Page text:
Interpreter Training- Why Bother?

posted in: Interpretation | 0

How do you say “shunt” in Spanish?

Where do you stand in an interpreted session?

How do you get the social worker to pause so you can interpret what she said?

What does it mean to be “transparent?”

What should you do if your patient tells the doctor he never drinks, when everyone in your community knows he’s a drunk?

What if a patient coughs in your face, and it turns out she has tuberculosis?

What if your patient dies?


Healthcare interpreting is full of hard situations. Some involve difficult terminology, while others involve difficult circumstances. Jumping into such situations cold is not only difficult for the interpreter, it leads to serious problems for the providers and patients. If you’re going to be an interpreter, wouldn’t you rather go in prepared?


There are really 6 good reasons to take a basic class in community interpreting before starting to work in the field.


Reason #1: To embark on a new career.
Whether you choose a career in community interpreting or later branch out into translation or conference interpreting, an introductory course in community interpreting is a great place to start. With this solid foundation, you can begin to take jobs as a freelance interpreter, work for a remote interpreting company or apply for a position as a staff interpreter at a hospital or social service agency.

Reason #2: So you know what you’re doing.
The first and best reason to get training is so that you can do a good job. A basic course on community interpreting will teach you about:

  • the interpreter’s role and scope of practice,
  • how to accurately convert meaning from one language to another,
  • specialized terminology,
  • interpreting techniques and accepted protocols, and
  • interpreter ethics and how to handle hard situations.

In addition, there will be opportunities to practice everything, so that when you go to your first assignment, you’ll be confident in knowing exactly what’s expected of you and how to do that job well.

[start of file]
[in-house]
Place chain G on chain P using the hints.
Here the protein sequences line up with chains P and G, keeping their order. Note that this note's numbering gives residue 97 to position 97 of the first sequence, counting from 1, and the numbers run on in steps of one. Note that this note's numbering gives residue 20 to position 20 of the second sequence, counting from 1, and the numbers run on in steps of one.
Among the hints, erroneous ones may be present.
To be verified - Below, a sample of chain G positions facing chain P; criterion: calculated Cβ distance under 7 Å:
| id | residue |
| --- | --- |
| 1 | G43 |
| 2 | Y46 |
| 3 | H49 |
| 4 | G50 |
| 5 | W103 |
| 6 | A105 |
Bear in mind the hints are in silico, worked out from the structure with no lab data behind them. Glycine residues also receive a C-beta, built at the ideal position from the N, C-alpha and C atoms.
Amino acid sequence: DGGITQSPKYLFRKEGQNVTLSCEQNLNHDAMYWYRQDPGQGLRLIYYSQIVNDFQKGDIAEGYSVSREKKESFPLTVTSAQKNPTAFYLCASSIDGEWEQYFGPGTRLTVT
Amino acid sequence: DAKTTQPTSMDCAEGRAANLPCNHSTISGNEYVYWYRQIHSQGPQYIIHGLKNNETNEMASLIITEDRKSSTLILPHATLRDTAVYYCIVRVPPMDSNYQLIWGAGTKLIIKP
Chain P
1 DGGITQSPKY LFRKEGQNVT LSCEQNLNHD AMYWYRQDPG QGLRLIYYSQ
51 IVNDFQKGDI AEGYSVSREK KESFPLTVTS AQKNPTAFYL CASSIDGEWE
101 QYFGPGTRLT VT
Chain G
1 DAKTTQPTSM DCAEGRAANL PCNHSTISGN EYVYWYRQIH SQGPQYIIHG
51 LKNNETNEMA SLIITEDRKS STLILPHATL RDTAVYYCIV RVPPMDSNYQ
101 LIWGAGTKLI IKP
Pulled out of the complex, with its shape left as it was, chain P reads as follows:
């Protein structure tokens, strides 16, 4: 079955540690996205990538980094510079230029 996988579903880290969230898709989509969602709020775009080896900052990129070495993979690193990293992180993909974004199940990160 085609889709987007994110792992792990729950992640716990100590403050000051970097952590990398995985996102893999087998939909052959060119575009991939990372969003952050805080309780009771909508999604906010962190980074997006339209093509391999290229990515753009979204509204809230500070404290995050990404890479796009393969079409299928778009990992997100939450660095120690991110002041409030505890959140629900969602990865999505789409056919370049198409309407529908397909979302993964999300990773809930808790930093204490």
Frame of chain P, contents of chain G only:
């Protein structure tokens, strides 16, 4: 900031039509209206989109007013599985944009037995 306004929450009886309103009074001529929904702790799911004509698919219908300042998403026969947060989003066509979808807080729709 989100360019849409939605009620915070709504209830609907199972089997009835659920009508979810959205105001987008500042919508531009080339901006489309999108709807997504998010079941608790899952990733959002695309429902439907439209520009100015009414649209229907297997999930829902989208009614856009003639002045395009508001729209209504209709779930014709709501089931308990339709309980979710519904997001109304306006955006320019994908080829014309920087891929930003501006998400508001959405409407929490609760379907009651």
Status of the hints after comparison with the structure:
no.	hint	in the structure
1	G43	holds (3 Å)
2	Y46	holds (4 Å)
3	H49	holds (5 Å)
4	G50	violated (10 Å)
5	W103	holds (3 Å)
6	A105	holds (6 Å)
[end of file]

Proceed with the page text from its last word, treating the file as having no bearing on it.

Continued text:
Reason #3: To meet other interpreters and develop a circle of professional colleagues.In an interpreter training program, you’ll get a chance to meet others who share your language pair. You’ll learn together, forming a bond that will likely endure beyond the last day of class. Here are the folks you can call later with questions, people who will understand what you do and why. Who knows what new friends you may make?

Reason #4: To differentiate you from untrained “interpreters” when you apply for jobs.
When you go look for a job, being able to say that you’ve had 60 hours of basic training will really set you apart from other candidates. What hospital or agency wants to send out someone who has no clue, when they could have a real professional representing them instead?

Reason #5: To be eligible for national certification.
Did you know that you must have at least 40 hours of basic training before you are allowed to take either of the two national healthcare interpreter certification exams? That’s right. The developers of the certification exams – interpreters themselves – knew that you can’t test all the knowledge and skills that an interpreter needs. So in addition to the test itself, nationally certified healthcare interpreters must show that they’ve had basic training.

Reason #6: It’s fun!Seriously! The Community Interpreter International as taught at Valley Community Interpreters is full of discovery, exercises, discussions, role plays and practice. When I teach this course, one of the most common things I hear from participants is, “I thought this would be boring, but now I wish this class would never end!” Nobody is bored, that’s for sure.


So there you go; it’s your choice. Muddle through your interpreting assignments wondering what the heck you’re doing, or get some training so you are confident in your role, your knowledge and your abilities.


Oh, and by the way, the answer is “derivación.” But then, if you’d taken an interpreter training program, you’d know that.


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